Christ Church (formerly the Congregational Church)

and pictures of  Coggeshall's other churches


The Congregational Church, known now as Christ Church is a good example of the architecture of its time. It has its origins in the Independent congregation, founded by, among others, John Sammes and Thomas Lowry, former vicars of Coggeshall, who had been ejected from the Church of England and who met in various locations around Coggeshall including a barn in East Street.

In April 1710 various wealthy men who were members of the Independents, Isaac Buxton among them, raised the money to buy two cottages and a piece of land called 'Old Ales' in Stoneham Street and built a church which was registered as a place of religious worship on 31st August of the same year. It was enlarged and improved  over the  years and, in 1794, a piece of land was purchased behind the church facing Church Lane (now Queen Street).

In 1834 the church was considerably enlarged and in 1865 an apse was put on to the end behind the pulpit  to accommodate the organ and choir. In 1882 the whole of the interior was reconstructed.
Bryan Dale, M.A. (London), author of "The Annals of Coggeshall", was minister here from 1854 until 1863 and his book details Coggeshall's religious history, especially that of the Independent church
The Congregationalists had given financial support to a small school since 1788 and in 1811  this was expanded into the British School. In 1839 a new school was built on the piece of land in Queen Street - the grey brick building is still there and has been converted into apartments and bears the name of Bryan Dale.
The British School was there until 1915 when the pupils moved to the new Council School on what is now Myneer Park. Some of the School log books and the Punishment Book can be seen in the museum.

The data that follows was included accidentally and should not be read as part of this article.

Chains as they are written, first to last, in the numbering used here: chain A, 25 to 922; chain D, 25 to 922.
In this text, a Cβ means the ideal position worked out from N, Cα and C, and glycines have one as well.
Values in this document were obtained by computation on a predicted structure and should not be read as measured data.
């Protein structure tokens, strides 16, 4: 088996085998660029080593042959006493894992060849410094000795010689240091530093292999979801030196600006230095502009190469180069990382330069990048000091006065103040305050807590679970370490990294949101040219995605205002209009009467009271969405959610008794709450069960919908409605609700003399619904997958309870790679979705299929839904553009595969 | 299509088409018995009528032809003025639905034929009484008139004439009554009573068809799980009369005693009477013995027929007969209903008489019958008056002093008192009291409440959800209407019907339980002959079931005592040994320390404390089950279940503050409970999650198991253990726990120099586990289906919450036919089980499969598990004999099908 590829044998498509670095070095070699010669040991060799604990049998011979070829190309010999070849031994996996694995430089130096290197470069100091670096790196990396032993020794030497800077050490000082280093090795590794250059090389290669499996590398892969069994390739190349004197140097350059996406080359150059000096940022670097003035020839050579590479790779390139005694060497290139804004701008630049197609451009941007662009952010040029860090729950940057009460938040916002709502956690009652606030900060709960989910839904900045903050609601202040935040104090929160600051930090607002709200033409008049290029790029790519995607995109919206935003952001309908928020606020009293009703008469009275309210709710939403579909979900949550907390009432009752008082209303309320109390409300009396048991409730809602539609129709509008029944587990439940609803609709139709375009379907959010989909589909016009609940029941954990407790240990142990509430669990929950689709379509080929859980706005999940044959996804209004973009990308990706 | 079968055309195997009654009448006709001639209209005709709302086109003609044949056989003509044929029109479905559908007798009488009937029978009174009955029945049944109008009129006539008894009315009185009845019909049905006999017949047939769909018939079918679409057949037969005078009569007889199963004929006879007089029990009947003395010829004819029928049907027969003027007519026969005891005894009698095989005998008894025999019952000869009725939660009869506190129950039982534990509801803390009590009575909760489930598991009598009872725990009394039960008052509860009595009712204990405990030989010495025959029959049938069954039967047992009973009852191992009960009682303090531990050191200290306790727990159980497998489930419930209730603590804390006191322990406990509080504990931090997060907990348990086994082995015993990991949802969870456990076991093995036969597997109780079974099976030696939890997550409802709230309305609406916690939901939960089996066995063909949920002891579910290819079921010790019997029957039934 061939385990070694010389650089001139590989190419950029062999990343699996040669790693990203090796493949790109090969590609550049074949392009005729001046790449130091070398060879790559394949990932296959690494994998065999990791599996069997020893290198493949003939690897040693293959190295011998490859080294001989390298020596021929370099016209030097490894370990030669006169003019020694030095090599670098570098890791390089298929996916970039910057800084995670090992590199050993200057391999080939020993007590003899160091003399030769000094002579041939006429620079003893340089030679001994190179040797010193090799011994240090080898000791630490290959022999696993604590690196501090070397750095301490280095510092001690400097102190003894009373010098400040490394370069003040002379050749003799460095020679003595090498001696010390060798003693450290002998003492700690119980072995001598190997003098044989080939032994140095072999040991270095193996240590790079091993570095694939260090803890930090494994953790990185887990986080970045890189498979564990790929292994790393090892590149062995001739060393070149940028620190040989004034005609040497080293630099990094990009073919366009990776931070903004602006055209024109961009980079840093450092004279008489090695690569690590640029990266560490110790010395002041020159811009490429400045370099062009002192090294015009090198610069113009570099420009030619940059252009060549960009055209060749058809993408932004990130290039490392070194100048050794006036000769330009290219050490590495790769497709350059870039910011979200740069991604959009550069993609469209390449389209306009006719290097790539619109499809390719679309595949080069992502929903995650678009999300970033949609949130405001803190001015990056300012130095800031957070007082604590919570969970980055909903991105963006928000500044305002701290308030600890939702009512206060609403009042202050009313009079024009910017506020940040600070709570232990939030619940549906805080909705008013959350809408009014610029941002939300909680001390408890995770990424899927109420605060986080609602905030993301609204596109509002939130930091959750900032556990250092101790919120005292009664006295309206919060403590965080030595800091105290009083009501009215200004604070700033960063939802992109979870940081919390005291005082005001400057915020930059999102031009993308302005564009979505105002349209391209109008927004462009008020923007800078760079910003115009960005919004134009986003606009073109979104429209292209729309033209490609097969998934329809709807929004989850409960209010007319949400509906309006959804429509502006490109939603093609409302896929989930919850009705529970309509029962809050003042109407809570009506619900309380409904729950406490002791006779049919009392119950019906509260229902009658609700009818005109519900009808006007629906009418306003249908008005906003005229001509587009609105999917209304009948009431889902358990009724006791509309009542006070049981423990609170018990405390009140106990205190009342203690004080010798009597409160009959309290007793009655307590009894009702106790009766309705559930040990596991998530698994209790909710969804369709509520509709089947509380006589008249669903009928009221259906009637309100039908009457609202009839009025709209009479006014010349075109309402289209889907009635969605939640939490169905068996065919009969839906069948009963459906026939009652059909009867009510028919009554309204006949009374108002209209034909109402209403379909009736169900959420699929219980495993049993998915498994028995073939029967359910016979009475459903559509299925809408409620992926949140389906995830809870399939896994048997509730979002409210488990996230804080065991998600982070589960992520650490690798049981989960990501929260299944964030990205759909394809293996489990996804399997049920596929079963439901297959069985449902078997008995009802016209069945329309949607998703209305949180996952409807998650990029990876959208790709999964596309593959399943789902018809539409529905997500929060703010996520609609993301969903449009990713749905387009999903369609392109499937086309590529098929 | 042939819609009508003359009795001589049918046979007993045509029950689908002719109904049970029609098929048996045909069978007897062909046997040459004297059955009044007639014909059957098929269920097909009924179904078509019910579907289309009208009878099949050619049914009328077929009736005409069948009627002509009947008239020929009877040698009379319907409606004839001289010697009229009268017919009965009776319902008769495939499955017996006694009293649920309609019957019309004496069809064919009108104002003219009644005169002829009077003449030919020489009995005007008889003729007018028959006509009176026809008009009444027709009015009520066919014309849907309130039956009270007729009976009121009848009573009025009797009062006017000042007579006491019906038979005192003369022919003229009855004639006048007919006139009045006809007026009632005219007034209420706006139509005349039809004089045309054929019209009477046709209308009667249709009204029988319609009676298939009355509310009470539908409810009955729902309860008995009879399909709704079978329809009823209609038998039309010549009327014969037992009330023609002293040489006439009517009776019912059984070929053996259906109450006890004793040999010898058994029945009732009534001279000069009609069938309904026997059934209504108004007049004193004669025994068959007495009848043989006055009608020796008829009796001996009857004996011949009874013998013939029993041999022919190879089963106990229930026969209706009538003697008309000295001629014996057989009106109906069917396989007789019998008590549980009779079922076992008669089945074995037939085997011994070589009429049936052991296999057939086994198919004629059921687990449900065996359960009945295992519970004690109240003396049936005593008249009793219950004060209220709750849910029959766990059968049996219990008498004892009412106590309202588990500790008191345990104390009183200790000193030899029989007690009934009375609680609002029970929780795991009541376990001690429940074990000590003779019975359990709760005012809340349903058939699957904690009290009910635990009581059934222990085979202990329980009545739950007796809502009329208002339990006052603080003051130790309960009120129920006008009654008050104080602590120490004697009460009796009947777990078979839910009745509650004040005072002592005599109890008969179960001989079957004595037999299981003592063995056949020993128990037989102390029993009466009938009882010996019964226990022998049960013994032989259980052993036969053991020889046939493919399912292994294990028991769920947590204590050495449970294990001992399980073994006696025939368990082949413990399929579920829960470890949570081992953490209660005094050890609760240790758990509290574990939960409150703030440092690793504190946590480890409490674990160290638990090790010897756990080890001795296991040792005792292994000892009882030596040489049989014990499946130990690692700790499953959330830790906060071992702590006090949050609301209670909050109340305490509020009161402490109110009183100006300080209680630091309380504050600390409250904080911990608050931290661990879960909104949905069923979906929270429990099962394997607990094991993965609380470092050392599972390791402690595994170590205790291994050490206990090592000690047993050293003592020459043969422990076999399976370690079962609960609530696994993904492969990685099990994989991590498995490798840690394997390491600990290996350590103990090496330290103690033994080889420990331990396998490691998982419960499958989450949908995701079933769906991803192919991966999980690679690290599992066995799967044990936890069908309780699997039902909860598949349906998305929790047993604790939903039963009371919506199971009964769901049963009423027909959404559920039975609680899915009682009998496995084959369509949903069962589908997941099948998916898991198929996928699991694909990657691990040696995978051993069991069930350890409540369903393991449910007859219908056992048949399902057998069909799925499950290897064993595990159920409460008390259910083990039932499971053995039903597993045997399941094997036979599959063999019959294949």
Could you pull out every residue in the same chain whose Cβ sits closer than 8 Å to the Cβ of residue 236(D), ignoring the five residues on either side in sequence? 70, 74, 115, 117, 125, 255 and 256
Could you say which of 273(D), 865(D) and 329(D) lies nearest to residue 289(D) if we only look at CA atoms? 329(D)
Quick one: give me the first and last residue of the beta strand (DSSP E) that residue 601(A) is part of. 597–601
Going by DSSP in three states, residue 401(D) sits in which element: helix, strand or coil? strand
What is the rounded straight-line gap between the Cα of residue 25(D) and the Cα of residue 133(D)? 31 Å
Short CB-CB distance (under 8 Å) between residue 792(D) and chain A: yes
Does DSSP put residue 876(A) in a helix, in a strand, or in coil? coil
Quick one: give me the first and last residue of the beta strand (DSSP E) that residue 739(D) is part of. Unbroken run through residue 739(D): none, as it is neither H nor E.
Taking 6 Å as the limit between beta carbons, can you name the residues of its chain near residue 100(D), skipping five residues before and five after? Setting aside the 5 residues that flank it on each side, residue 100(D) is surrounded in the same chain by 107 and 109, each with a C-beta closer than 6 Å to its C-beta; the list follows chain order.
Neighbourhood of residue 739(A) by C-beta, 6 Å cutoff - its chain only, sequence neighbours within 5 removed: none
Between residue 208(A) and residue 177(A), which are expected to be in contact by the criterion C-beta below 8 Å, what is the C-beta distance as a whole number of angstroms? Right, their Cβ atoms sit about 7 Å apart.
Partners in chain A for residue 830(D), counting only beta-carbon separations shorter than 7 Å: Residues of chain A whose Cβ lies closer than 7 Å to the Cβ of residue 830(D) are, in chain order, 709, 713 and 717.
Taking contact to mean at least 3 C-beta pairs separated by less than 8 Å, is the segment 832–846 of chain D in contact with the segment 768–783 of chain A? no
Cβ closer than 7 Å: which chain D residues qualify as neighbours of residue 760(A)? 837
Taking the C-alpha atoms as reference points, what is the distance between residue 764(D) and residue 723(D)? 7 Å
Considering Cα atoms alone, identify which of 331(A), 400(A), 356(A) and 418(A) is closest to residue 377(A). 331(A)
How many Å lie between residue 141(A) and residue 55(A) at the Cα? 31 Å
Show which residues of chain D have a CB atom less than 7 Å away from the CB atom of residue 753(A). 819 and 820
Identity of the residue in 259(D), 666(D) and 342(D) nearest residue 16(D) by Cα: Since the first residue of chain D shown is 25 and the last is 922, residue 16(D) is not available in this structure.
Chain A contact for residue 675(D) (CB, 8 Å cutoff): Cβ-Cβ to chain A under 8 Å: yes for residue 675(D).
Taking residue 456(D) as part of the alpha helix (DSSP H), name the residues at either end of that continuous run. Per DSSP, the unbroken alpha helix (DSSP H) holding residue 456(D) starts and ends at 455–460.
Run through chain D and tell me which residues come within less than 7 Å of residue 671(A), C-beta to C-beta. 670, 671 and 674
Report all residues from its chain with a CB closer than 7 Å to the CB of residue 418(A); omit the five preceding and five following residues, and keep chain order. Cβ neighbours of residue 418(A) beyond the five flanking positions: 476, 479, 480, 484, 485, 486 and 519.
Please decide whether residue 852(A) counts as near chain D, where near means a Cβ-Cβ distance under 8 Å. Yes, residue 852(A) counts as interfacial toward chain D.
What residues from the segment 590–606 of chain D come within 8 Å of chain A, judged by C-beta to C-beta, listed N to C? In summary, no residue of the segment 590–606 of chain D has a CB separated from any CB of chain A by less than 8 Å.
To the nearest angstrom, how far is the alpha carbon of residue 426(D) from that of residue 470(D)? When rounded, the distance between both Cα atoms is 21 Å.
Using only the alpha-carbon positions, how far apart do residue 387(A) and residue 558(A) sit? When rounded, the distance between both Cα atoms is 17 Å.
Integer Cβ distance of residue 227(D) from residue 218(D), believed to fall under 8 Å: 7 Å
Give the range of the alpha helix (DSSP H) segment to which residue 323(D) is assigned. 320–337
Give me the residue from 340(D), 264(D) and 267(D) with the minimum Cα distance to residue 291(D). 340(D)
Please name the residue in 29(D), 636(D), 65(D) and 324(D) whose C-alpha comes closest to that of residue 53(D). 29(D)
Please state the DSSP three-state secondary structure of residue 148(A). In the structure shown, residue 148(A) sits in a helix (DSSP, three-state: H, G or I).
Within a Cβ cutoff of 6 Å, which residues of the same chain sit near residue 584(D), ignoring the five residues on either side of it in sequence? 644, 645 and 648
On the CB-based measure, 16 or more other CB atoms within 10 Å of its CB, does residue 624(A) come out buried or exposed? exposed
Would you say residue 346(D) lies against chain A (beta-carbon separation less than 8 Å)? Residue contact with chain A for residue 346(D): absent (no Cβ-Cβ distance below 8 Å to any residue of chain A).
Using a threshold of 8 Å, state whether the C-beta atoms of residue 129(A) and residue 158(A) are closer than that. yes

A postcard from 1904


A picture from 2006 showing one of the Judas trees

The graveyard contains some interesting monuments, although some are now gainst the boundary wall and up until recently two large Judas trees (cercis siliquastrum). These have needed drastic work on them but now appear to be producing new growth.
In 1989 the Congregational community came together with the Baptists and Wesley Methodists to form Christ Church. In 2008 the Montessori school refurbished the upper area and use it for lessons to the older children.
Other Churches


The Baptist Church building in Church Street was erected in about 1825, although there had been Baptists here since about 1772 who met in various locations around Coggeshall. It is now houses a business centre.


The Catholic Church of St Bernard of Clairvaux in Stoneham Street is a quite plain-looking wooden building. It was opened in 1928. The interior was designed by the then priest-in-charge, Father Gay, the site being a free gift from the Coggeshall and Kelvedon Mission.



Wesleyan Methodist Church situated in Stoneham Street was opened in 1883 although they are referred to in 1811. The building now houses a Montesorri nursery school.


The Meeting House, in Stoneham Street, of the Society of Friends (Quakers) dates from 1878 and is now used for  Coggeshall's Library. A Place of Worship connected with Quakers has been in existence since 1692.

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